A Performing Arts Legacy at Dracut High – Lowell Sun

DRACUT – Dracut High School’s annual winter play played Dec. 10 and 11, with students performing “The Best Christmas Show Ever.”

Based on the 1971 children’s novel by Barbara Robinson, the play tells the story of the six notorious Herdman children. Known for their savage behavior, including smoking, the Herdmans volunteer to take part in the town’s Christmas pageant and end up teaching the whole town about Christmas.

Led by Dracut High teacher Kim Shepard, who has been involved in the performing arts department for the past seven years, the show ran seamlessly.

Dracut High senior Rachel McIntosh played the lead role, Grace, who was asked by the townspeople to step in and lead the contest. Once the Herdman children volunteer, Grace doesn’t know what will happen to the annual pageant and neither does the town.

While the town doubted that Grace could actually run the pageant with the Herdman children, the pageant becomes known as the best Christmas pageant in town. Herdman’s Misunderstood Kids win the hearts of town with their authentic performances and unique twists. Who needs gold, frankincense and myrrh? The Herdman children bring a practical gift, a ham, to the family in the nursery.

But one thing that many in attendance probably didn’t realize was that “The Best Christmas Pageant Ever” wasn’t just featured on the high school stage, but on the Maurice Pepin stage.

With the renovation of Dracut High School in 2014, the school committee dedicated the stage in honor of Dracut High School’s longtime music teacher. This honor and recognition was well deserved for the man who dedicated his teaching career to the Dracut Public Schools Music Department.

Born in Lowell to Rodolphe and Edith Pepin on June 24, 1927, Maurice Pepin grew up in a home where music was part of daily life. His father was a church organist at Lowell and taught his son from an early age to play the organ and piano. The elder Pépin was also active in local theater productions, and Pépin’s mother also played the piano.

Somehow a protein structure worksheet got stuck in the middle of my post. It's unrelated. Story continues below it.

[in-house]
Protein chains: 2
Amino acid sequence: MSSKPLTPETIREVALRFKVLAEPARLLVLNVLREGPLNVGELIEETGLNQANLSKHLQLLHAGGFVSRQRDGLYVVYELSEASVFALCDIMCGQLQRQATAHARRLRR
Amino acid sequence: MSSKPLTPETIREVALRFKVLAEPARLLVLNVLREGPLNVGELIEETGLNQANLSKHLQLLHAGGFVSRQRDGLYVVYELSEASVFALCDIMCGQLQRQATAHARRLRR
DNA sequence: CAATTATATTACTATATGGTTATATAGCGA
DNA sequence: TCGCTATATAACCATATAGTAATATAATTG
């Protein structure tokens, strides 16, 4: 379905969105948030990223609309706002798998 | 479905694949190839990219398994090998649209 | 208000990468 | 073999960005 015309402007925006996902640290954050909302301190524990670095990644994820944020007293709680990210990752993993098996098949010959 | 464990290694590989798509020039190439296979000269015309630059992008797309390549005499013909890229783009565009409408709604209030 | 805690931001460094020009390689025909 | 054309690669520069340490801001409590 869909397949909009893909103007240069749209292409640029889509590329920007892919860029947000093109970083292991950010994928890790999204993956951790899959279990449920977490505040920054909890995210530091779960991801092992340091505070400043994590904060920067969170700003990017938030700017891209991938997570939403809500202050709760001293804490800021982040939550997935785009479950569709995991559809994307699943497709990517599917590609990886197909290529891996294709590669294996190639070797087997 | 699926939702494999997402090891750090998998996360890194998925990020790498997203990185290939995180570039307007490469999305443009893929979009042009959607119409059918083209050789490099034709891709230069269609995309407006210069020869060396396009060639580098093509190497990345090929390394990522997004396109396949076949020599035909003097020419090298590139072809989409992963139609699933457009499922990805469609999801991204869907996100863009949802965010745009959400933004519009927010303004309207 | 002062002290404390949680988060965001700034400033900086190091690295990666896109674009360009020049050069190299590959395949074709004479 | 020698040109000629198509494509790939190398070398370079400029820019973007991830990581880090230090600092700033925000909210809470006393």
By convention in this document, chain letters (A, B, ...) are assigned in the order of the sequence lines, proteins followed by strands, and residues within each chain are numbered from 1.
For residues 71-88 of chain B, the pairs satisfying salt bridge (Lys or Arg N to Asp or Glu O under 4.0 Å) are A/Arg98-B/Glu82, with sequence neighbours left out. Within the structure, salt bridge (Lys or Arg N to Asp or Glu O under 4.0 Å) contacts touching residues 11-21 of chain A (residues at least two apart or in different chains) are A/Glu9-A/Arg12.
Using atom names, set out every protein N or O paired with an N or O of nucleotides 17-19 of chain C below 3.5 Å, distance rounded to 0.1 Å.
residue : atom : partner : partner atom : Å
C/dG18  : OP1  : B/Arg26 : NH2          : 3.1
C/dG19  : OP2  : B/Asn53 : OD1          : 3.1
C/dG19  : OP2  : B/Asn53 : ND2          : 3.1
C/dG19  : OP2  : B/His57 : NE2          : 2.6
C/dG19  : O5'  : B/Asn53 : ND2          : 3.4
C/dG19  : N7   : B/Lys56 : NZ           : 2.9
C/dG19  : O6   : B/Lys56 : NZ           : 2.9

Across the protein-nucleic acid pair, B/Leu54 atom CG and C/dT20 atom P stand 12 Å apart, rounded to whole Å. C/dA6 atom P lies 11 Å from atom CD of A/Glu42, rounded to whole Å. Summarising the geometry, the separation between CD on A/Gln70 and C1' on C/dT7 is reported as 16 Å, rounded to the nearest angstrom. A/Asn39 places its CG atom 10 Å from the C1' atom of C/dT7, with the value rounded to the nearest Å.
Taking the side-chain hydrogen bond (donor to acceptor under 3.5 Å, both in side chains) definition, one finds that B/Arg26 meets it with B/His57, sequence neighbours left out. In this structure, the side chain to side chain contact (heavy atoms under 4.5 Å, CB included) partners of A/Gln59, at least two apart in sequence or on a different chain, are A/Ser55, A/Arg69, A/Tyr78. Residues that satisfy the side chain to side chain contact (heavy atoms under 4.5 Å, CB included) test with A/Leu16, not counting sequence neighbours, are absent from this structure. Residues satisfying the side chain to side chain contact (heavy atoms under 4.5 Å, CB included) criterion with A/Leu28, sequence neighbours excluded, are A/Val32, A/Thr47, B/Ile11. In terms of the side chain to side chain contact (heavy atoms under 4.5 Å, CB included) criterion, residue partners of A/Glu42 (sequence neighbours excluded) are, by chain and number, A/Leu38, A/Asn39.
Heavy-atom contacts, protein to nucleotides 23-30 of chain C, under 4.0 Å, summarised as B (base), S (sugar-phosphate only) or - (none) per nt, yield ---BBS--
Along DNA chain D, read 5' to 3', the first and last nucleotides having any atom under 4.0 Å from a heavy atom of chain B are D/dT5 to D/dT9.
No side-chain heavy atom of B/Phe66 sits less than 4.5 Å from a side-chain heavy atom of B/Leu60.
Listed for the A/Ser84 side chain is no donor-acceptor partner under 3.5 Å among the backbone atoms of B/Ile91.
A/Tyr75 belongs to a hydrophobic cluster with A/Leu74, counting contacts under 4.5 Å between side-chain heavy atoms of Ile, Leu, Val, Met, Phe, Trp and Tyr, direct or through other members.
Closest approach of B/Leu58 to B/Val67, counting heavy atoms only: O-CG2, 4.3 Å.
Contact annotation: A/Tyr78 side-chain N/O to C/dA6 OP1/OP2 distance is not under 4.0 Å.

Surrounded by all this music, it is not surprising that Maurice Pépin enters the New England Conservatory of Music, where he obtains his baccalaureate. He then earned his master’s degree at Boston University.

While studying at Boston University, Pepin met Diana Supple. They married and took up residence on Colburn Avenue in Dracut.

In 1955, the Superintendent of Schools Paul Phaneuf hired Pépin and charged him with creating a music department—virtually non-existent at the time at Dracut.

Pépin was delighted with this new opportunity. As his wife, Diana, explained to me in a 2014 interview, Pépin firmly believed that all students in a public school should have the opportunity to experience the arts. He didn’t care whether the student was a novice or a serious musical student. What mattered most to him, she explained, was that the students had a desire to learn.

One of the first things Pepin did to build the music program was to offer discounted instrumental lessons, which resulted in the formation of a marching band for football games. The marching band needed uniforms, so Pepin’s next task on the agenda was a citywide effort to raise funds for the uniforms.

Over the years, Pepin founded the first band, served as band director, choir director, music department chair and audiovisual director, conducted 25 musicals, hosted two Elizabethan dinner parties, created the twirling corps and taught the first courses in television production. In 1985, he worked with businesses and community groups to build a gazebo for summer musical performances.

This year’s students who performed in “The Best Christmas Show Ever”, among actors, actresses, musicians and stage crew, continued the tradition of high quality artistic performances established by Maurice Pépin.